Once in a while someone challenges the status quo.
They ask “Why?” about something so much a part of the established routine that after reading their question, you realize you never even considered it a choice, it just seemed automatic and above reproach.
So when veteran journalist Ed Christman questioned the practice of scheduling top selling album releases for the fourth quarter in a recent Billboard column, it stopped me in my “tracks.” (Tis The Season?, Ed Christman, Billboard, Aug. 25, 2012.)
Conventional wisdom firmly dictates that a fourth quarter release is an efficient strategy for taking advantage of the holiday sales season. But Christman asks, “As the music industry goes digital…will albums continue to be an important gift item?” The article notes that according to Nielsen Soundscan, the last seven weeks of 2000 saw 181 million albums get scanned. In 2011 the number of scans for that period fell to 69 million units.
Of course, album sales have also been falling year-round, not just during the holidays. So how does one explain the holiday losses? Partially it is due to increased competition from video games, DVDs and other impulse gift items. Gift cards are also possibly contributing to the decrease, since they are often redeemed after the holiday and don’t show up in the holiday sales numbers. And the ongoing, year-round slide in album sales hints that consumers are becoming more interested in buying hit singles than entire albums for many artists. Lastly, there are subscription models like Spotify and Rhapsody that are also helping to shrink download tallies.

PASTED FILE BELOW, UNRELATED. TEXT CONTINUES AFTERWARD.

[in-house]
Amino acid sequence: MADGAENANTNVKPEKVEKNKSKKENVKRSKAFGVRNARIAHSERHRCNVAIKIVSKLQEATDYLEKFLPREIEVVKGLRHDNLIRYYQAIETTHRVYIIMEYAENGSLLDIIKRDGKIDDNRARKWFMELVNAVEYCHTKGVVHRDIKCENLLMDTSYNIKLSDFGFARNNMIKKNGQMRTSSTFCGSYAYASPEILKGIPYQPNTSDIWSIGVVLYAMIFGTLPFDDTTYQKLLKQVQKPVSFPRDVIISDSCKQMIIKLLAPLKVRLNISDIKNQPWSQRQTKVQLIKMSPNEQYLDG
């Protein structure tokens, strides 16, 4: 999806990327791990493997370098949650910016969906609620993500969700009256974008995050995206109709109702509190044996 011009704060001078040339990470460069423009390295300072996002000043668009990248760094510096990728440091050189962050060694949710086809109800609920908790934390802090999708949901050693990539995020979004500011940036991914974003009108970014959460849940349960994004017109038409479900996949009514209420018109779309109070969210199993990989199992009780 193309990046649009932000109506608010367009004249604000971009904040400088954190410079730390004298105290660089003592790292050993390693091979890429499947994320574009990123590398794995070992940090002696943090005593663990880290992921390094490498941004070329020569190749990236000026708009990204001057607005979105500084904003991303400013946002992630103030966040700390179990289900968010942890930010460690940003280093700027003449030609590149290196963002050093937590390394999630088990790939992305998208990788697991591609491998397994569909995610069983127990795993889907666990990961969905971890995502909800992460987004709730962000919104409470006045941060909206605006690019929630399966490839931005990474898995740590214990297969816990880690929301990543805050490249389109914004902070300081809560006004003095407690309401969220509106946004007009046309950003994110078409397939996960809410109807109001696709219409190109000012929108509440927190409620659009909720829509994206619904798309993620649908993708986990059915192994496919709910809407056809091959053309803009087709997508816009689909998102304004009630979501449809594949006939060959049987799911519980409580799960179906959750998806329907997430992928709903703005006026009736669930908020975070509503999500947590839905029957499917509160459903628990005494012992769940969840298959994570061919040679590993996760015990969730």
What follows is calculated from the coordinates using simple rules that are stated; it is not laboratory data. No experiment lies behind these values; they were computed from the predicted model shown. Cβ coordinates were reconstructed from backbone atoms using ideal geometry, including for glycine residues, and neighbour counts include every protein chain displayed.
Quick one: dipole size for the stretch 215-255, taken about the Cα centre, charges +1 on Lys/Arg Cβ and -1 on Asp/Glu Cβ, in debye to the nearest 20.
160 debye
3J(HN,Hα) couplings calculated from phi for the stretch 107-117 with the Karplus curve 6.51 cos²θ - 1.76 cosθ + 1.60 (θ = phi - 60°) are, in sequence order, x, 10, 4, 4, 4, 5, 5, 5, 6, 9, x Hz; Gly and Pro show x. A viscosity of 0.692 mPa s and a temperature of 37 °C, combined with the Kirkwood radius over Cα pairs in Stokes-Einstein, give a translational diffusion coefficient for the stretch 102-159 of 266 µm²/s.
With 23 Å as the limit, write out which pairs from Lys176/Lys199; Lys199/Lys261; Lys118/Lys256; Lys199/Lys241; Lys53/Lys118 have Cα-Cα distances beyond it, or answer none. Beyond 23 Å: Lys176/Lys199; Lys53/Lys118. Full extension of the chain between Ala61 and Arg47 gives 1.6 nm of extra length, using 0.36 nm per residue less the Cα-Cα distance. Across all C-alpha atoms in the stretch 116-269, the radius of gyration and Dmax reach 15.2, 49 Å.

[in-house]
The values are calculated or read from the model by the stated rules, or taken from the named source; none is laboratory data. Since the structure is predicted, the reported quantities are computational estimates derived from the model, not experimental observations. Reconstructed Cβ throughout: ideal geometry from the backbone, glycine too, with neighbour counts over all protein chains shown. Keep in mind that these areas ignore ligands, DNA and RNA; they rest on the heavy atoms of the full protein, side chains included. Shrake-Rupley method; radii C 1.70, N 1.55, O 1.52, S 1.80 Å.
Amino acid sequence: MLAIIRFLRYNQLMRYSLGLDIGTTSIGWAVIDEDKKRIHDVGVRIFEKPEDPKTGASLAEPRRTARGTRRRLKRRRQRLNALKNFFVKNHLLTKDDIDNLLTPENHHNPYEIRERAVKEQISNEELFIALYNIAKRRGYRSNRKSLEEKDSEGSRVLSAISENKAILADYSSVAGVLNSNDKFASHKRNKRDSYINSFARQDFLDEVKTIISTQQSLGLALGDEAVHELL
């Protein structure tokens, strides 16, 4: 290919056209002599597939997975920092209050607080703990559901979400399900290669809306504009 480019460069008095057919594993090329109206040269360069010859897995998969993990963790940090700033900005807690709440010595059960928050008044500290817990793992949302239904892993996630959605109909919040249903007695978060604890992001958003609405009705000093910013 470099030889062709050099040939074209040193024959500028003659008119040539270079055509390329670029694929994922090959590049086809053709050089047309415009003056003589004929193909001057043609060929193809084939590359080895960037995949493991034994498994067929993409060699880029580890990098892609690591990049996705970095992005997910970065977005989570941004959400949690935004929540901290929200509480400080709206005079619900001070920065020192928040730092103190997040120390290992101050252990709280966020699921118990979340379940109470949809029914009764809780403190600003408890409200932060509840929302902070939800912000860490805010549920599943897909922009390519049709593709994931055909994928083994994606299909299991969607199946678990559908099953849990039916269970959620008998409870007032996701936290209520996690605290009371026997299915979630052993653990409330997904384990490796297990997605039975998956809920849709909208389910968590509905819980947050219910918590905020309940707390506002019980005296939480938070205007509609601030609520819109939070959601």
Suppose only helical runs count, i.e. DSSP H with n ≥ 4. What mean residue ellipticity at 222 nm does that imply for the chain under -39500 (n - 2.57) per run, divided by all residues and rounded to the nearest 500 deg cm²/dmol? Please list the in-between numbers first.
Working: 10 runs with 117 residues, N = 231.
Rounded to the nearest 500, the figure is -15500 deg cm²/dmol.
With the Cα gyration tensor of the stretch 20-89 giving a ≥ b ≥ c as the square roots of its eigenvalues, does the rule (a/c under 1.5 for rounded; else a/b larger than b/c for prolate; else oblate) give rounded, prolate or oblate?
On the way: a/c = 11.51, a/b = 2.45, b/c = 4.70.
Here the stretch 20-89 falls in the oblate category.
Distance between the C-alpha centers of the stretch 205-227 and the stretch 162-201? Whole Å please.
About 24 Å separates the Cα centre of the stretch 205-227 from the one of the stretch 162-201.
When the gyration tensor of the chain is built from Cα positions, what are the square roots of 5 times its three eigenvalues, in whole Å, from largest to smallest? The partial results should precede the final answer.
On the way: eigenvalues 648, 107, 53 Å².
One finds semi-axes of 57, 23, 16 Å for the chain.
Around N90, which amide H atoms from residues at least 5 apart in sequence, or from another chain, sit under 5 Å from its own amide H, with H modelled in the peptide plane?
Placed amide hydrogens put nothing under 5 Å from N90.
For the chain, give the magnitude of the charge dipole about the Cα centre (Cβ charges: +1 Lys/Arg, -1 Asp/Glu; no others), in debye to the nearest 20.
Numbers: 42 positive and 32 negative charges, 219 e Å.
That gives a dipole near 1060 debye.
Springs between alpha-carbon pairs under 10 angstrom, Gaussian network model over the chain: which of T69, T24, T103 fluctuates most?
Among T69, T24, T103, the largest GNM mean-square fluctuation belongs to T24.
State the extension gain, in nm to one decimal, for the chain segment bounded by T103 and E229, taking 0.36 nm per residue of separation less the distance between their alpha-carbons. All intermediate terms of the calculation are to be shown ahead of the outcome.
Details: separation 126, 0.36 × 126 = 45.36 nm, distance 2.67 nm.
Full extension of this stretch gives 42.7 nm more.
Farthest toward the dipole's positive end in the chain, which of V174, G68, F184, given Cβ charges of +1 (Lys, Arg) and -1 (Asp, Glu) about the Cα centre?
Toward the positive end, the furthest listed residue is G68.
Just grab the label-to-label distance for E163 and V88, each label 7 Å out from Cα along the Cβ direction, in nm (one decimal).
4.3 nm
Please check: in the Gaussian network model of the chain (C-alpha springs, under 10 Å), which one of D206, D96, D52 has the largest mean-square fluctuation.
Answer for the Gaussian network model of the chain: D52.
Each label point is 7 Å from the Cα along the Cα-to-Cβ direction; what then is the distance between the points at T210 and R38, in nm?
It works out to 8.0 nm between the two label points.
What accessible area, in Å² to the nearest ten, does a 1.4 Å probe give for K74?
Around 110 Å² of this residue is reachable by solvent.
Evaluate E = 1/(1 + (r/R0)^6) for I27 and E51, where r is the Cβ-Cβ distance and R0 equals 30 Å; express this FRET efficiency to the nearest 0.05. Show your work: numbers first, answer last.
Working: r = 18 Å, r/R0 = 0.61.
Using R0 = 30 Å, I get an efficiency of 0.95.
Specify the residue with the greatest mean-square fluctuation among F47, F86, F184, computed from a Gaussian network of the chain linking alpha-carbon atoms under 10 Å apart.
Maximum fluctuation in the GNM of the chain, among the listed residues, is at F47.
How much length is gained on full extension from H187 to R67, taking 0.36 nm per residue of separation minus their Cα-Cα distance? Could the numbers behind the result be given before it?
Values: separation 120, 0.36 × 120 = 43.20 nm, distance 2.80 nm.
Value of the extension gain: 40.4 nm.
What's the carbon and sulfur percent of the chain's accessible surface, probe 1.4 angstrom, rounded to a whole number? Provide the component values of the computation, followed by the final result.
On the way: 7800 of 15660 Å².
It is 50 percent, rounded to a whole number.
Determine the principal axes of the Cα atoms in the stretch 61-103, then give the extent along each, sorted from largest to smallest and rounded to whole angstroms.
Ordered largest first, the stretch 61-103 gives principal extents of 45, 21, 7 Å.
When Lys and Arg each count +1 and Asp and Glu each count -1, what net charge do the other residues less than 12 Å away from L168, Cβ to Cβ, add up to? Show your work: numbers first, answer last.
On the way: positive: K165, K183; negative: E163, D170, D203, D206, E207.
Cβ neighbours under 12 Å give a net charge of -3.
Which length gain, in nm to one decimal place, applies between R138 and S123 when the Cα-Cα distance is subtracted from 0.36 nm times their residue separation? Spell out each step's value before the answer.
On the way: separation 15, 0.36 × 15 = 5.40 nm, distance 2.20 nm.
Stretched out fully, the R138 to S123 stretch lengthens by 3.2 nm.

“I’m not saying the industry should stop concentrating on the fourth quarter, because my brick-and-mortar merchant friends would get annoyed at me,” says Christman. “Still there’s a good case to be made that, instead of saving everything for the last three months, more thought should be given to spreading big releases throughout the entire year.”
It’s a point worth considering. And in fact country’s sparse superstar release schedule this holiday season may be a reflection that Music City marketers are doing just that.
Swift Track Stays No. 1
Country YTD album sales continue to slowly relinquish the lead established earlier this year as scans ease back a few more points from last week’s 2.2% to 1.8%. The all-genre balance remains fixed at -3.7%.
Country track sales are up 12% YTD (all-genre tracks +6%) thanks to help from Ms. Swift’s “We Are Never Ever…” which was downloaded almost 307k times this week for a two-week total of 930k. Swift’s single rides atop both Country and all-genre chart lists for a second week, forging the current definition of “mainstream.” And assuredly, Swift’s upcoming Oct. 22 album will be a major factor in measuring country album sales for 2012.
With Swift’s album promotion tour about to begin, one can only marvel at how smoothly this talented 22-year-old has weathered her rite of passage from teen to adult. Especially considering the ever-present pop-culture media lens that is constantly focused upon her. (PS: We don’t give romance advice in this column, but perhaps a quick viewing of The Kennedys, the controversial and Emmy-nominated series from Producer Joel Surnow might provide some historical background about the new Cape Cod neighbors.)
Topping Country’s Current album chart this week is Broken Bow newbie Dustin Lynch with impressive week one scans of over 23k. Rounding out the Top 5 are Zac Brown Band (No. 2; 18k), Lionel Richie (No. 3; 15k), Carrie Underwood (No. 4; 15k) and Luke Bryan (No. 5; 14.5k).
Also chart-new this week was Dierks Bentley’s digital EP (No. 12; 8k) and Show Dog’s J.T. Hodges (No. 23; 4k).
Did you know that country artists have sold about 110 million tracks YTD? (Total track sales YTD are 894 million). See all the upcoming country album releases HERE.
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